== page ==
These events convinced the Prophet that a strong action should be taken in order to make the territory adjacent to the Roman Empire safe and secure for the Muslims. Accordingly in the month of Jamadi-ul-Ula 8 A.H. he sent an army of three thousand towards the Syrian border. When this army reached near Ma’an the Muslims learnt that Shurahbil was marching with an army of one hundred thousand to fight-with them and that the Caesar who himself was at Hims had sent another army consisting of one hundred thousand soldiers under his brother Theodore. But in spite of such fearful news the brave small band of the Muslims marched on fearlessly and encountered the big army of Shurahbil at M’utah. The result of the encounter, in which the Muslims were fighting against fearful odds (the ratio of the two armies was 1:33) as very favourable for the enemy utterly failed to defeat them. This proved very helpful for the propagation of Islam. As a result those Arabs who were living in a state of semi-independence in Syria and near Syria and the clans of Najd near Iraq who were under the influence of the Persian Empire turned towards Islam and embraced it in thousands. For example the people of Bani Sulaim (whose chief was Abbas bin Mirdas Sulaimi) Ashja’a Ghatafan Zubyan Fazarah etc. came into the fold of Islam at the same time. Above all Farvah bin ‘Amral Juzami who was the commander of the Arab armies of the Roman Empire embraced Islam during that time and underwent the trial of his Faith in a way that filled the whole territory with wonder. When the Caesar came to know that Farvah had embraced Islam he ordered that he should be arrested and brought to his court. Then the Caesar said to him, ‘You will have to choose between one of two options; either give up your Islam and win your liberty and your former rank, or remain a Muslim and face death.’ He calmly chose Islam and sacrificed his life in the way of the Truth.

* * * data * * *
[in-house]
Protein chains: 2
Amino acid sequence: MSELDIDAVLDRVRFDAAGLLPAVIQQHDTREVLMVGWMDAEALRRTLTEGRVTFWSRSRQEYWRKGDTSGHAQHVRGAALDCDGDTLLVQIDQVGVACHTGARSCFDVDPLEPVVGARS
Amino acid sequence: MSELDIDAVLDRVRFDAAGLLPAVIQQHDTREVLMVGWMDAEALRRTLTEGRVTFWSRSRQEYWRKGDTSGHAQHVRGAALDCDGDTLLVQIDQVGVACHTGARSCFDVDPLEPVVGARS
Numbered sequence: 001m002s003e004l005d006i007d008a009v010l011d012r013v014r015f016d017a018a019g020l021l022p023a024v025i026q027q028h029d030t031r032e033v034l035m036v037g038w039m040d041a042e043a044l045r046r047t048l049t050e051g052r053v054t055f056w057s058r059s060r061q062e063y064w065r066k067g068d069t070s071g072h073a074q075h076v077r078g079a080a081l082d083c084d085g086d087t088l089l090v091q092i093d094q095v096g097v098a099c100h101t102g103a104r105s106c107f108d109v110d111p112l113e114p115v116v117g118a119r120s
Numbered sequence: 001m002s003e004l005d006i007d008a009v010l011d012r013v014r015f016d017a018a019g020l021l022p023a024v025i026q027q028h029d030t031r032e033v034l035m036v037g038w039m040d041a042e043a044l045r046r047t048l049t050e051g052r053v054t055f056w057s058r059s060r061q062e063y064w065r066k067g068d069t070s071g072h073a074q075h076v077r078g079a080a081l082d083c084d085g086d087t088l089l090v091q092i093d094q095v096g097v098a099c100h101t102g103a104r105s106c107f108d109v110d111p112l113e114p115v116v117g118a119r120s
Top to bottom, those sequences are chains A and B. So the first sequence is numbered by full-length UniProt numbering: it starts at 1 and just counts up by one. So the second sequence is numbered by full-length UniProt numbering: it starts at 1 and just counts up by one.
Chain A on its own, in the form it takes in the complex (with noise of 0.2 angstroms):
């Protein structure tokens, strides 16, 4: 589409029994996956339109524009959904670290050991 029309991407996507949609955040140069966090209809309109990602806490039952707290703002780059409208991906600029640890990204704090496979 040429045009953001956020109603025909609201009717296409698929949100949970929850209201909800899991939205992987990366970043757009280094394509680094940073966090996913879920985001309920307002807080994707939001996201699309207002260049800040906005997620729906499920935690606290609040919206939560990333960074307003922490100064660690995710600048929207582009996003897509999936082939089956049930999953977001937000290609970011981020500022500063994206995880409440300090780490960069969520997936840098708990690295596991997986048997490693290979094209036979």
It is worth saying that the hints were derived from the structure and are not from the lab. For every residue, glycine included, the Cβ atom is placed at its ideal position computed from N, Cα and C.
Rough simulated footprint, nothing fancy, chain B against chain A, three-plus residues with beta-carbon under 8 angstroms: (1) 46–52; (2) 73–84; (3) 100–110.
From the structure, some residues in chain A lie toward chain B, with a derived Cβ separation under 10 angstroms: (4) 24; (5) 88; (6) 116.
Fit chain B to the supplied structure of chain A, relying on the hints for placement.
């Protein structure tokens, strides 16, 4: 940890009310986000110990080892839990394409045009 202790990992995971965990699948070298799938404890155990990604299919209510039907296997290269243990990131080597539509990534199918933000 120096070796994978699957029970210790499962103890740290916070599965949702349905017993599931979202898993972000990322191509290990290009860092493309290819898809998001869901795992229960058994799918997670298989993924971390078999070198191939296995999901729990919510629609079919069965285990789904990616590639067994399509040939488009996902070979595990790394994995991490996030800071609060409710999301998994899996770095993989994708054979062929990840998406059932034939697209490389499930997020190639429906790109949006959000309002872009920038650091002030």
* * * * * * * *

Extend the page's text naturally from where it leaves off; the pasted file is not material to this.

No wonder that such events as these made the Caesar realise the nature of the danger that was threatening his Empire from Arabia. Accordingly in 9 A.H. he began to make military preparations to avenge the insult he had suffered at M’utah. The Ghassanid and other Arab chiefs also began to muster armies under him. When the Prophet who always kept himself well-informed even of the minutest things that could affect the Islamic Movement favourably or adversely came to know of these preparations he at once understood their meaning. Therefore without the least hesitation he decided to fight against the great power of the Caesar. He knew that the show of the slightest weakness would result in the utter failure of the Movement which was facing three great dangers at that time. First the dying power of ‘ignorance’ that had almost been crushed in the battlefield of Hunain might revive again. Secondly the Hypocrites of Madinah who were always on the look-out for such an opportunity might make full use of this to do the greatest possible harm to it. For they had already made preparations for this and had through a monk called Abu Amir, sent secret messages of their evil designs to the Christian king of Ghassan and the Caesar himself. Besides this, they had also built a mosque near Madinah for holding secret meetings for this purpose. The third danger was of an attack by the Caesar himself, who had already defeated Persia, the other great power of that period, and filled with awe the adjacent territories. It is obvio